Progress in neuromodulation of the brain; a role for magnetic nanoparticles?

Abstract

The field of neuromodulation is developing rapidly. Current techniques, however, are still limited as they i) either depend on permanent implants, ii) require invasive procedures, iii) are not cell-type specific, iv) involve slow pharmacokinetics or v) have a restricted penetration depth making it difficult to stimulate regions deep within the brain. Refinements into the different fields of neuromodulation are thus needed. In this review, we will provide background information on the different techniques of neuromodulation discussing their latest refinements and future potentials including the implementation of nanoparticles (NPs). In particular we will highlight the usage of magnetic nanoparticles (MNPs) as transducers in advanced neuromodulation. When exposed to an alternating magnetic field (AMF), certain MNPs can generate heat through hysteresis. This MNP heating has been promising in the field of cancer therapy and has recently been introduced as a method for remote and wireless neuromodulation. This indicates that MNPs may aid in the exploration of brain functions via neuromodulation and may eventually be applied for treatment of neuropsychiatric disorders. We will address the materials chemistry of MNPs, their biomedical applications, their delivery into the brain, their mechanisms of stimulation with emphasis on MNP heating and their remote control in living tissue. The final section compares and discusses the parameters used for MNP heating in brain cancer treatment and neuromodulation. Concluding, using MNPs for nanomaterial-mediated neuromodulation seem promising in a variety of techniques and could be applied for different neuropsychiatric disorders when more extensively investigated.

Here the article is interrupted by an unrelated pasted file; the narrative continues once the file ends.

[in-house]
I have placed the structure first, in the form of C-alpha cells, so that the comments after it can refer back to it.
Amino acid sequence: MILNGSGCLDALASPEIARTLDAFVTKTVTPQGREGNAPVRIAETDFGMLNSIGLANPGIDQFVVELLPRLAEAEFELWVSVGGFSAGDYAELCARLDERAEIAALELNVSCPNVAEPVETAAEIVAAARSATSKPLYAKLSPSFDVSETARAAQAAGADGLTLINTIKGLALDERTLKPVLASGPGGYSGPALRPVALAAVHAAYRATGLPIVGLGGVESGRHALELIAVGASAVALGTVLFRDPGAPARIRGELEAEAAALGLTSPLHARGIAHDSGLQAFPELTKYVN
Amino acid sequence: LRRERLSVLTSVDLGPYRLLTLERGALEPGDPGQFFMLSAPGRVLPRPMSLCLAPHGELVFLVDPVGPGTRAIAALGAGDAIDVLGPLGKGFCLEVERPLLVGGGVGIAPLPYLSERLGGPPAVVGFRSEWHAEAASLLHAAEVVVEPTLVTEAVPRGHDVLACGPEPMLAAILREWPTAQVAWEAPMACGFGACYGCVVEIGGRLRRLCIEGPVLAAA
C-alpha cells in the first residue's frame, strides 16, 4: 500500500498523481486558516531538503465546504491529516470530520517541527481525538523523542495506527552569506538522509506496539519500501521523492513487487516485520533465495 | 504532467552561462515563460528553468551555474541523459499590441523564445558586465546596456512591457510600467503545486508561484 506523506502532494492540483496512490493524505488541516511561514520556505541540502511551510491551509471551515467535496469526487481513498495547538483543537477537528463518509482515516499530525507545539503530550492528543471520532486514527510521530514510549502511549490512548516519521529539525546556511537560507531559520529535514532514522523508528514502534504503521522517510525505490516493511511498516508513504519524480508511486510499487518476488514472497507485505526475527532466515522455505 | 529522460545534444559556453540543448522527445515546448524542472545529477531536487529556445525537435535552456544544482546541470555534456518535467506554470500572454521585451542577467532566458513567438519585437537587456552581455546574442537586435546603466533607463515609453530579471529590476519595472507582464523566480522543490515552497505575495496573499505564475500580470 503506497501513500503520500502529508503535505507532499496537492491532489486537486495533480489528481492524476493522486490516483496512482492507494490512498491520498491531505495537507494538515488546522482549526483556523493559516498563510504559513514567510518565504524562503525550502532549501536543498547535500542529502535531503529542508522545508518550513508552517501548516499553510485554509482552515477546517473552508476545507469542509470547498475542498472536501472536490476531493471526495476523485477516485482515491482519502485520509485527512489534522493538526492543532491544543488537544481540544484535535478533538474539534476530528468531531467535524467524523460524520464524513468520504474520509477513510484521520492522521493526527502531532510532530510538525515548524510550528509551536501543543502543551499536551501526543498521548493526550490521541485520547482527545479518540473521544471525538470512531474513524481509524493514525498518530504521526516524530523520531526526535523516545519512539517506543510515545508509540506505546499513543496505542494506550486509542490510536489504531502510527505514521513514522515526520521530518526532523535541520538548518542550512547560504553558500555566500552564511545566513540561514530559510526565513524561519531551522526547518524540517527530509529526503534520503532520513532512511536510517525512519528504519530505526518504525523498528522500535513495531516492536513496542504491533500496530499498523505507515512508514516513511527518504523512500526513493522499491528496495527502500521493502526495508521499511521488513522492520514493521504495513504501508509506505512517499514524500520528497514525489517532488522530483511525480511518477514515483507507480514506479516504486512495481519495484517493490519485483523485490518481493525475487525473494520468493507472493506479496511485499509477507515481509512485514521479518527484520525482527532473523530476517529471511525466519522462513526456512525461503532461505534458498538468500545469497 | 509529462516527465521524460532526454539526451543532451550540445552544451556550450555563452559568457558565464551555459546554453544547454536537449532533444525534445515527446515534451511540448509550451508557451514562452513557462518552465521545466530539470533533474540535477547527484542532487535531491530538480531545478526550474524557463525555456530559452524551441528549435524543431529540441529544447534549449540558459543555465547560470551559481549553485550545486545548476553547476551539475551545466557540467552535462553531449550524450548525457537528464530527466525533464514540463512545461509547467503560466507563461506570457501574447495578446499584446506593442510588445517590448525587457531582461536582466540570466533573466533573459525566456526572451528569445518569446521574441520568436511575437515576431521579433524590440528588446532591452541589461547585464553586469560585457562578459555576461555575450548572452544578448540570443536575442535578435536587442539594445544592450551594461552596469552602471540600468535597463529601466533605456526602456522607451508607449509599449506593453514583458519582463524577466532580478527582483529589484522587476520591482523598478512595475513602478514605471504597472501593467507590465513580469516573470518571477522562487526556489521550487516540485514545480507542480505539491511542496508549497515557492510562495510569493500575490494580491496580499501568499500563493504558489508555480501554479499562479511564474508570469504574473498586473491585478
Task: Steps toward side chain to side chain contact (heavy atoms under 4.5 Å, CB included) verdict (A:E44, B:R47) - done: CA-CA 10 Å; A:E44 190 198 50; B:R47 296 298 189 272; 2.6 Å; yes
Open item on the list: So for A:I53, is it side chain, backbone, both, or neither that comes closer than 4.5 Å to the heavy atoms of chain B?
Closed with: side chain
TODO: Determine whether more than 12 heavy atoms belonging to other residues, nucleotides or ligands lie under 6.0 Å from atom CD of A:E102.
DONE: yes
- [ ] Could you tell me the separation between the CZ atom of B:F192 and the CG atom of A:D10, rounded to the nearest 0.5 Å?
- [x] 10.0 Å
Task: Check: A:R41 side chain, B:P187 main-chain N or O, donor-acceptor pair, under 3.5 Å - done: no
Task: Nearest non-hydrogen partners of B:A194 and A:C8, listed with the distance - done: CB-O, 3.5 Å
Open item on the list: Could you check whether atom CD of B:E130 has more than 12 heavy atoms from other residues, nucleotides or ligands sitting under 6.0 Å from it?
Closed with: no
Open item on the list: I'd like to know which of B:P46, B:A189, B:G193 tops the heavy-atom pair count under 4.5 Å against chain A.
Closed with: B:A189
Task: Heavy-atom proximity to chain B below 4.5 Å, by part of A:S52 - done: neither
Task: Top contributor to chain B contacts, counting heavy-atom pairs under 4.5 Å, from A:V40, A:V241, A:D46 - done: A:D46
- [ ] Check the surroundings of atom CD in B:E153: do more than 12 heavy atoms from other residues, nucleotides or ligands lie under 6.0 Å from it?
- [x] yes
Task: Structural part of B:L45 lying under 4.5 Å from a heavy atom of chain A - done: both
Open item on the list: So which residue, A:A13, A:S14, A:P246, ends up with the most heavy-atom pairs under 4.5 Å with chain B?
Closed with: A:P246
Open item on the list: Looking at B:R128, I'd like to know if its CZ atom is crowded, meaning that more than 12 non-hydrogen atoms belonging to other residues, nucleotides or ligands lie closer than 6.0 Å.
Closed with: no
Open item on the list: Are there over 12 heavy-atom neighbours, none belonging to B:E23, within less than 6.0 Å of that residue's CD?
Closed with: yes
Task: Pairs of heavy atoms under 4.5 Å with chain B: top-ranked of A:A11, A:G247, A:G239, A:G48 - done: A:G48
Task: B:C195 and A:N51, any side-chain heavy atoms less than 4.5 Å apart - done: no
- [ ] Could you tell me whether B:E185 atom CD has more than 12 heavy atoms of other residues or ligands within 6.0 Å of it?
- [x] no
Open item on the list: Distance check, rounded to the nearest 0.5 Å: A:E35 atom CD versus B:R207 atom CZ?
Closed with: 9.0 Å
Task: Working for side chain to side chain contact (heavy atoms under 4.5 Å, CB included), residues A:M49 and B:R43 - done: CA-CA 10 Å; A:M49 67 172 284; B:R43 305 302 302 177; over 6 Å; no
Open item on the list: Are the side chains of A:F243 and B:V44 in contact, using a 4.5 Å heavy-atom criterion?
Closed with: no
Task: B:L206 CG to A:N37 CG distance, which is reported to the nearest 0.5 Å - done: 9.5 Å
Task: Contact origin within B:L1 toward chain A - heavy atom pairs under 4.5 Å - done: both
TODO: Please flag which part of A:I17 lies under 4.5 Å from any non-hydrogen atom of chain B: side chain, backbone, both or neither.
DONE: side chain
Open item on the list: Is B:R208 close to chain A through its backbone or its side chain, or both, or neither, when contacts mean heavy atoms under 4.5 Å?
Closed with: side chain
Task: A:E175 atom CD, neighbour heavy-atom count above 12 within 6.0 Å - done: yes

Publication
Progress in neurobiology
Polina Anikeeva
Polina Anikeeva
Associate Professor in Materials Science and Engineering
Associate Professor in Brain and Cognitive Sciences
Associate Director, Research Laboratory of Electronics

My goal is to combine the current knowledge of biology and nanoelectronics to develop materials and devices for minimally invasive treatments for neurological and neuromuscular diseases.